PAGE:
Tips for road travel over the holidays

With a little planning, Christmas on the road can be a breeze.

Christmas on the road

Are you going to be away from home and loved ones over the festive season? Here are some tips to make your celebrations as smooth as possible, but remember, the goal is often just to get away from it all, so keep it simple.

Before you leave, make sure you have your vehicle fully serviced. Have the brakes, battery, fluid levels, tyre pressure, light bulbs and any parts that need regular maintenance fully checked. Not only is it no fun to be stuck on the side of the road, but you may find it difficult (and costly) to find a qualified mechanic to come to your aid at this time of year. Investigate whether your vehicle is eligible for roadside assistance, for peace of mind you may wish to invest in a membership with RACV, RACQ or the equivalent organisation relevant to you.

Try to plan your trip so that you are driving early or late in the day, if possible, to avoid traffic congestion. Ensure you carry enough snacks and drinks with you, especially if you are planning to drive on Christmas and Boxing Days, as you may struggle to find anywhere open to buy supplies.

Download a traffic alert app, such as Snarl Traffic, onto your iphone or ipad to avoid any traffic holdups.

If you are planning on speaking with friends and loved ones on Christmas Day, make sure your laptop, phone and/or ipad is fully charged. Ensure that your settings are entered correctly to enable you to use your electronics to Skype or Viber to contact your loved ones.

Book your campsite or accommodation well in advance, as Christmas is one of the busiest times of the year. If you feel the need for human contact on the day, many caravan parks, hotels and other service clubs, such as the Lions or Rotary have a Christmas lunch which you can attend.

If you are planning to prepare your Christmas feast yourself, Coles has a fantastic service – Coles Click and Collect. With locker fridges situated at selected Coles Express service stations around Australia, you can preorder your groceries ahead of time online. When your groceries are ready for collection a unique pin will be sent to electronically, to enter into the locker’s pin pad. Rather than endeavouring to keep your food fresh and chilled on the road, you can simply collect them at your destination.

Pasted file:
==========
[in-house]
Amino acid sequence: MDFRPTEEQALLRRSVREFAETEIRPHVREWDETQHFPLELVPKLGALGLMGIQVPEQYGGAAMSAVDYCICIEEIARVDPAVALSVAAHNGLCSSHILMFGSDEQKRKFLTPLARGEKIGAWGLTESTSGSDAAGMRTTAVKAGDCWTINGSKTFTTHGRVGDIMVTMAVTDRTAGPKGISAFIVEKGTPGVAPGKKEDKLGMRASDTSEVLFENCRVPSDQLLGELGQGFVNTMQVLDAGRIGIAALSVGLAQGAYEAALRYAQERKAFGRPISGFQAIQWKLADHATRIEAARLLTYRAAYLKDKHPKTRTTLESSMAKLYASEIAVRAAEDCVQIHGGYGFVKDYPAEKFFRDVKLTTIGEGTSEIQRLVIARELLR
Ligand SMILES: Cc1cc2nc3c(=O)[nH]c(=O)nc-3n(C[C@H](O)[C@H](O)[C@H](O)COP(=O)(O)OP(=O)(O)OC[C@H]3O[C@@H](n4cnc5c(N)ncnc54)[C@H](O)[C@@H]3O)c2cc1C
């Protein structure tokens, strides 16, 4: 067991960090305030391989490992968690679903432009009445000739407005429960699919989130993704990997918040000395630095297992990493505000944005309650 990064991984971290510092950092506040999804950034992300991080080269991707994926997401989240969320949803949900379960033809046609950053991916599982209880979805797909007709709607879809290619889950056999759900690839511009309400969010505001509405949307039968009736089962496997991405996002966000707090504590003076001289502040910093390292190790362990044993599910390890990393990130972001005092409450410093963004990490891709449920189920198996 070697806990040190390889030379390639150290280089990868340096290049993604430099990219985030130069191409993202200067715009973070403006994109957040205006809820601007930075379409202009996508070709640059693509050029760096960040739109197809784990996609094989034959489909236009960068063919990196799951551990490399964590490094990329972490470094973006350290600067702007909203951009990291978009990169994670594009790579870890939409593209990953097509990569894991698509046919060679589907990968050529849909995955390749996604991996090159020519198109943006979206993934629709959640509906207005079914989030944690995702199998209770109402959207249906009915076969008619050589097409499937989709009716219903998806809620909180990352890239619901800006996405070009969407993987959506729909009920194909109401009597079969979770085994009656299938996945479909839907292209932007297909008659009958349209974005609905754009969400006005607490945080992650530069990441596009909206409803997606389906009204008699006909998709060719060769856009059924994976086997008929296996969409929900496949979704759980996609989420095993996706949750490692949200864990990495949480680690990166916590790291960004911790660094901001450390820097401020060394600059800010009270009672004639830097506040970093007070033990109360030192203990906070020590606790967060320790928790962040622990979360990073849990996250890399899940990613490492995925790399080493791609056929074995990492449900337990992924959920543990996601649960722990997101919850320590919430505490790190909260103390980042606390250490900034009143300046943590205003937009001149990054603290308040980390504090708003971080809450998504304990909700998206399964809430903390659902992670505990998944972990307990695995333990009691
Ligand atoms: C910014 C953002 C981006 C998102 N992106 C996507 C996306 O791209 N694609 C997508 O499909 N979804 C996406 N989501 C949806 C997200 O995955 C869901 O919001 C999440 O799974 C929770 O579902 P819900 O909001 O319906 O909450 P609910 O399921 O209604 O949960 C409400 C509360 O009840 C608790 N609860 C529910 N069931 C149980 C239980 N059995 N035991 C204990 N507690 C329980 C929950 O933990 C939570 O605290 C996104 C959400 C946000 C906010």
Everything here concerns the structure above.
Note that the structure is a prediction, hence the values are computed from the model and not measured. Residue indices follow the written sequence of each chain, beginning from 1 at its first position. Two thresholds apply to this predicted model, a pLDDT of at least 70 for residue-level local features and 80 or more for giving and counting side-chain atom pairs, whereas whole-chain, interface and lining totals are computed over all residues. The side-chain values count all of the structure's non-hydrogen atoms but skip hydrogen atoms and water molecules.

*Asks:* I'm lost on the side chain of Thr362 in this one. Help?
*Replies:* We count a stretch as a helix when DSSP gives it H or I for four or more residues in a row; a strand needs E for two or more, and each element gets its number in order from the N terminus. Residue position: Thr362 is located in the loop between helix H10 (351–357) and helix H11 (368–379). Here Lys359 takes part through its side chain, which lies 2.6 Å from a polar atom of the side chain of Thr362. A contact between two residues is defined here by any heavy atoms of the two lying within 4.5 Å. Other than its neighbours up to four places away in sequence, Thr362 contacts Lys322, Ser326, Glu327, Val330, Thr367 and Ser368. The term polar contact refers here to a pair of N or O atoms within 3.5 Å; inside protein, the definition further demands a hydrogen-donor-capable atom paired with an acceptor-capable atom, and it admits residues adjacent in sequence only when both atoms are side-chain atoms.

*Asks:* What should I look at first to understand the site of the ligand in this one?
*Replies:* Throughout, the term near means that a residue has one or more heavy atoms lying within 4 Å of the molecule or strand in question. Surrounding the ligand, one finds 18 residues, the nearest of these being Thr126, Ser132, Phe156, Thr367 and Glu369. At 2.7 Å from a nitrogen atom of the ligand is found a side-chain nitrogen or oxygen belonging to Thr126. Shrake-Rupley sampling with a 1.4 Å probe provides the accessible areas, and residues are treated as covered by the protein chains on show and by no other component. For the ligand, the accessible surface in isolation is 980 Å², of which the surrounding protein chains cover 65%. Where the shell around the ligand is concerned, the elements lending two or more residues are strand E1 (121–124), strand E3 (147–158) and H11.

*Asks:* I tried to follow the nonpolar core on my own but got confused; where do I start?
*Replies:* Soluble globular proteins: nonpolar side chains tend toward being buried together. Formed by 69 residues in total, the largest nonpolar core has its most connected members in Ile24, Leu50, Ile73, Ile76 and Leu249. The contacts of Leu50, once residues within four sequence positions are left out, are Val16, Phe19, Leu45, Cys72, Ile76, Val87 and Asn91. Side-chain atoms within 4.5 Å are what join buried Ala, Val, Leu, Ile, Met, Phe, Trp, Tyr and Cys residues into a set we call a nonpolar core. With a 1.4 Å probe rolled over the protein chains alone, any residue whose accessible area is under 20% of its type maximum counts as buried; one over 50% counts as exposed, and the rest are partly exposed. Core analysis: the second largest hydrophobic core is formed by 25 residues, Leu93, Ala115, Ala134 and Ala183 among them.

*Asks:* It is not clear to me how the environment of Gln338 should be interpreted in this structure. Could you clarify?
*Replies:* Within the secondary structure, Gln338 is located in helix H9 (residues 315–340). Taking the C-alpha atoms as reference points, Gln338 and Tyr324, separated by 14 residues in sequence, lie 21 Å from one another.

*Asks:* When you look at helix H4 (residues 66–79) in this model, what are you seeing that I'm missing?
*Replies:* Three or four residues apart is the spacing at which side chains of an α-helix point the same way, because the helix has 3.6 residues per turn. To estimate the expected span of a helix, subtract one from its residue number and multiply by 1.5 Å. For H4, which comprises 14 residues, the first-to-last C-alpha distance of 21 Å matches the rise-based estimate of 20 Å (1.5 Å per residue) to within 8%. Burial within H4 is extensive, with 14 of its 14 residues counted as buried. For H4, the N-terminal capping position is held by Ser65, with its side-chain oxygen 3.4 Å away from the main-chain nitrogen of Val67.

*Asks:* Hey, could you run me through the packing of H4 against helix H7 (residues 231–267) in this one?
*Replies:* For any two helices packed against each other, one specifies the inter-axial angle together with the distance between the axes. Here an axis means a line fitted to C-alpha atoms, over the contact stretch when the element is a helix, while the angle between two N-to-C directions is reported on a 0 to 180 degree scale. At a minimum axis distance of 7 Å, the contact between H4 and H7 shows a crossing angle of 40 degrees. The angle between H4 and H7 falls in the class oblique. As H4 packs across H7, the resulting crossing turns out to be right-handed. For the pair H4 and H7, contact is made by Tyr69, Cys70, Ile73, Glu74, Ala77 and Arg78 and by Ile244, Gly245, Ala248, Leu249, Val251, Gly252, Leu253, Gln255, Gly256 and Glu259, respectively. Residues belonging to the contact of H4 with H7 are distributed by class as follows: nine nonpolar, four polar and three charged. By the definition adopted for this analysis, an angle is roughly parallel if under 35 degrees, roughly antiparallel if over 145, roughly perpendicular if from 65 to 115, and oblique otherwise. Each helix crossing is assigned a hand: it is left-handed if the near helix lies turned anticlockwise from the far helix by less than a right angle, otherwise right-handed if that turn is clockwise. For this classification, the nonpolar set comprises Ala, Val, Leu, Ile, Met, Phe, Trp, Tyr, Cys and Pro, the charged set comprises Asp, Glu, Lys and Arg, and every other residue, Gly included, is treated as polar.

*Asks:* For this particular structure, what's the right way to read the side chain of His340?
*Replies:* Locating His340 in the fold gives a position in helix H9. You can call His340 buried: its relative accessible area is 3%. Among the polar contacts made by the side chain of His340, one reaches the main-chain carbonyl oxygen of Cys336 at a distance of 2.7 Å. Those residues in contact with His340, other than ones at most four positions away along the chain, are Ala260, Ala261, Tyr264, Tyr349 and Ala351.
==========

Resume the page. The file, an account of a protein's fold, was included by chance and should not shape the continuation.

Have you spent Christmas travelling on the road? Do you have any tips for fellow travellers?



    To make a comment, please register or login
    Happy cyclist
    21st Dec 2016
    Yes, I have a tip: STOP SPEEDING and stop using your phone while driving. Sure we all would like to drive faster but like all the other laws that we don't like but which make for a civilised society, just do the right thing and then everyone can get to their destination safely.
    21st Dec 2016
    Despite what the artical may imply Do not drive when you would normally sleep.Getting up at an early hour or driving in to the night just to beat "The traffic " is flawed.
    Our bodys are programed (Circadian rhythm) to sleep at certain hours and their is plenty of info on the net supporting increasing accident risk at night particularly in regard to the inexperienced.Have a good Christmas all,(Dave the grey Nomad).

    21st Dec 2016
    I too am concerned with the advice "Try to plan your trip so that you are driving early or late in the day".

    As well as challenging the body's desire to sleep, dawn and dusk are the busiest times for wildlife on roads. Most roadkill occurs at those times.
    21st Dec 2016
    Unless a Semi comes into my Unit I'm Safe !! :-)
    Haven't been Anywhere at Christmas for 40 Years !! :-) :-)
    HOME SWEET HOME !! :-) :-)

    21st Dec 2016
    Just remember "It's better to arrive 10mins. late then DEAD on time "

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